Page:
## Maxima – 195 – Insiemi – 4 Continuo da qui, copio dal Reference Manual, PDF scaricabile da qui, sono a p.590.

`extremal_subset (s, f, max)`
`extremal_subset (s, f, min)`
Returns the subset of `s` for which the function `f` takes on maximum or minimum values.

`extremal_subset(s, f, max)` returns the subset of the set or list `s` for which the real-valued function `f` takes on its maximum value.

`extremal_subset(s, f, min)` returns the subset of the set or list `s` for which the real-valued function f takes on its minimum value.

``````(%i1) extremal_subset ({-2, -1, 0, 1, 2}, abs, max);
(%o1)                              {- 2, 2}
(%i2) extremal_subset ({sqrt(2), 1.57, %pi/2}, sin, min);
(%o2)                              {sqrt(2)}``````

`flatten (expr)`
Collects arguments of subexpressions which have the same operator as `expr` and constructs an expression from these collected arguments.

Subexpressions in which the operator is different from the main operator of `expr` are copied without modification, even if they, in turn, contain some subexpressions in which the operator is the same as for `expr`.

It may be possible for `flatten` to construct expressions in which the number of arguments differs from the declared arguments for an operator; this may provoke an error message from the simplifier or evaluator. `flatten` does not try to detect such situations.

Expressions with special representations, for example, canonical rational expressions (CRE), cannot be flattened; in such cases, `flatten` returns its argument unchanged.

Applied to a list, `flatten` gathers all list elements that are lists.

``````(%i3) flatten ([a, b, [c, [d, e], f], [[g, h]], i, j]);
(%o3)                   [a, b, c, d, e, f, g, h, i, j]``````

Applied to a set, `flatten` gathers all members of set elements that are sets.

``````(%i4) flatten ({a, {b}, {{c}}});
(%o4)                              {a, b, c}
(%i5) flatten ({a, {[a], {a}}});
(%o5)                              {a, [a]}``````

`flatten` is similar to the effect of declaring the main operator n-ary. However, `flatten` has no effect on subexpressions which have an operator different from the main operator, while an n-ary declaration affects those.

``````(%i6) expr: flatten (f (g (f (f (x)))));
(%o6)                            f(g(f(f(x))))
(%i7) declare (f, nary);
(%o7)                                done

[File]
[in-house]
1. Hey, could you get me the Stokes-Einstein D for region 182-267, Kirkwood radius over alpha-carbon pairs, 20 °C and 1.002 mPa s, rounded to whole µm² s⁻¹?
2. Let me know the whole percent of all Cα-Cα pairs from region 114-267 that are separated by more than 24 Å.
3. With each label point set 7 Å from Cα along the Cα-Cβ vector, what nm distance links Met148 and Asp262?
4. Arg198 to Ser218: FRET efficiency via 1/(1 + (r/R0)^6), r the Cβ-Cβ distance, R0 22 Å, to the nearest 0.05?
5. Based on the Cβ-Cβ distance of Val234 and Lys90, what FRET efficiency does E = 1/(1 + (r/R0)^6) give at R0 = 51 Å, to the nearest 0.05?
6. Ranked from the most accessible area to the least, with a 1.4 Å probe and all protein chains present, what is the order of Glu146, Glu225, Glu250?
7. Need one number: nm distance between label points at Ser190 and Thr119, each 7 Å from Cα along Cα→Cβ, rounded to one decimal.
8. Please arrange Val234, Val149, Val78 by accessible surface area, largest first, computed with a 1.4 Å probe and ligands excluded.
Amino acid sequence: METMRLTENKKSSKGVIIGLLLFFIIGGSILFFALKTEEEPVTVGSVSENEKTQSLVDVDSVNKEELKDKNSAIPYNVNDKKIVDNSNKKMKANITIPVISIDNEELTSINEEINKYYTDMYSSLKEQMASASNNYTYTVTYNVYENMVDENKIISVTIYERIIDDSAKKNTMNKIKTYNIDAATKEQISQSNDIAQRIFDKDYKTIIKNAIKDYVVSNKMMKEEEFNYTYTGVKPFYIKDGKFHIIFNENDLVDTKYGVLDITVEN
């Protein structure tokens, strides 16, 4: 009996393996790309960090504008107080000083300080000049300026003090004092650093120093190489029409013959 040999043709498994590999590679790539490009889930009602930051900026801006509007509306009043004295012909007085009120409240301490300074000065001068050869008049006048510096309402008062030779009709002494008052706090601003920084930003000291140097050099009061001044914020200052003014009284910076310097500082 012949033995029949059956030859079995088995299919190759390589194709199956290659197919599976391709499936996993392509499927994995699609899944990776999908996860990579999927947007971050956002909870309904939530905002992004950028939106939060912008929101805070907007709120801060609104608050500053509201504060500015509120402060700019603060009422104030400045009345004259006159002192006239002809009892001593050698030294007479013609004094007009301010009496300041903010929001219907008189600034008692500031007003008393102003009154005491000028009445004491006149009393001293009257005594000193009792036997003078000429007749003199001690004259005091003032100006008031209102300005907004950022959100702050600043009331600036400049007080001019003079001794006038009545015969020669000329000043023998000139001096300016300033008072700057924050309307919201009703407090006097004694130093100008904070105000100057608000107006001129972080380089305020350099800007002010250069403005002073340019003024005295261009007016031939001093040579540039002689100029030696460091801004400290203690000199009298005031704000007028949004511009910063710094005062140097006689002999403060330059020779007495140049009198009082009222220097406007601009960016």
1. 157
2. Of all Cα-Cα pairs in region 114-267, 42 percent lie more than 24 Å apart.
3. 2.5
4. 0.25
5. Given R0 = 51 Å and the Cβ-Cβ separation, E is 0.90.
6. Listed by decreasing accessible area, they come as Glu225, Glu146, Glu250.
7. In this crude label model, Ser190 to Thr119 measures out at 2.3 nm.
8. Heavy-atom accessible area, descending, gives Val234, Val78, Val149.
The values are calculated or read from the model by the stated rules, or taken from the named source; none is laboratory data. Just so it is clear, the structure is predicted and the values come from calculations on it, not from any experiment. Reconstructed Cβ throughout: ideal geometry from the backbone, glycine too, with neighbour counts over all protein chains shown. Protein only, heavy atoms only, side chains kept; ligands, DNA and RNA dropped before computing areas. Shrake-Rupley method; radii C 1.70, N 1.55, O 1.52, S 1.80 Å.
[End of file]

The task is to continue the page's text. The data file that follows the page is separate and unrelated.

(%i8) ev (expr);
(%o8)                             f(g(f(x)))``````

`flatten` treats subscripted functions the same as any other operator.

``````(%i9) flatten (f (f (x, y), z));
(%o9)                             f (x, y, z)
5``````

It may be possible for `flatten` to construct expressions in which the number of arguments differs from the declared arguments for an operator

``````(%i10) 'mod (5, 'mod (7, 4));
(%o10)                         mod(5, mod(7, 4))
(%i11) flatten (%);
(%o11)                           mod(5, 7, 4)
(%i12) ''%, nouns;

mod: wrong number of arguments.
-- an error. To debug this try: debugmode(true);``````

`full_listify (a)`
Replaces every set operator in `a` by a list operator, and returns the result.

`full_listify` replaces set operators in nested subexpressions, even if the main operator is not set.

`listify` replaces only the main operator.

``````(%i13) full_listify ({a, b, {c, {d, e, f}, g}});
(%o13)                     [a, b, [c, [d, e, f], g]]
(%i14) full_listify (F (G ({a, b, H({c, d, e})})));
(%o14)                    F(G([a, b, H([c, d, e])]))``````

`fullsetify (a)`
When `a` is a list, replaces the list operator with a set operator, and applies `fullsetify` to each member which is a set. When `a` is not a list, it is returned unchanged.

`setify` replaces only the main operator.

In line `(%o2)`, the argument of `f` isn’t converted to a set because the main operator of `f([b])` isn’t a list.

``````(%i1) fullsetify ([a, [a]]);
(%o1)                              {a, {a}}
(%i2) fullsetify ([a, f([b])]);
(%o2)                             {a, f([b])}``````

`identity (x)`
Returns `x` for any argument `x`.

`identity` may be used as a predicate when the arguments are already Boolean values.

``````(%i3) every (identity, [true, true]);
(%o3)                                true``````

`integer_partitions (n)`
`integer_partitions (n, len)`
Returns integer partitions of `n`, that is, lists of integers which sum to `n`.

`integer_partitions(n)` returns the set of all partitions of the integer `n`. Each partition is a list sorted from greatest to least.

`integer_partitions(n, len)` returns all partitions that have length `len` or less; in this case, zeros are appended to each partition with fewer than len terms to make each partition have exactly `len` terms. Each partition is a list sorted from greatest to least.

A list `[a_1 , ..., a_m]` is a partition of a nonnegative integer `n` when (1) each `a_i` is a nonzero integer, and (2) `a_1 + ... + a_m = n`. Thus `0` has no partitions.

``````(%i4) integer_partitions (3);
(%o4)                      {[1, 1, 1], [2, 1], }
(%i5) s: integer_partitions (25)\$

(%i6) cardinality (s);
(%o6)                                1958
(%i7) map (lambda ([x], apply ("+", x)), s);
(%o7)                                {25}
(%i8) integer_partitions (5, 3);
(%o8)       {[2, 2, 1], [3, 1, 1], [3, 2, 0], [4, 1, 0], [5, 0, 0]}
(%i9) integer_partitions (5, 2);
(%o9)                      {[3, 2], [4, 1], [5, 0]}``````

To find all partitions that satisfy a condition, use the function `subset`; here is an example that finds all partitions of 10 that consist of prime numbers.

``````(%i10) s: integer_partitions (10)\$

(%i11) cardinality (s);
(%o11)                                42
(%i12) xprimep(x) := integerp(x) and (x > 1) and primep(x)\$

(%i13) subset (s, lambda ([x], every (xprimep, x)));
(%o13)    {[2, 2, 2, 2, 2], [3, 3, 2, 2], [5, 3, 2], [5, 5], [7, 3]}``````

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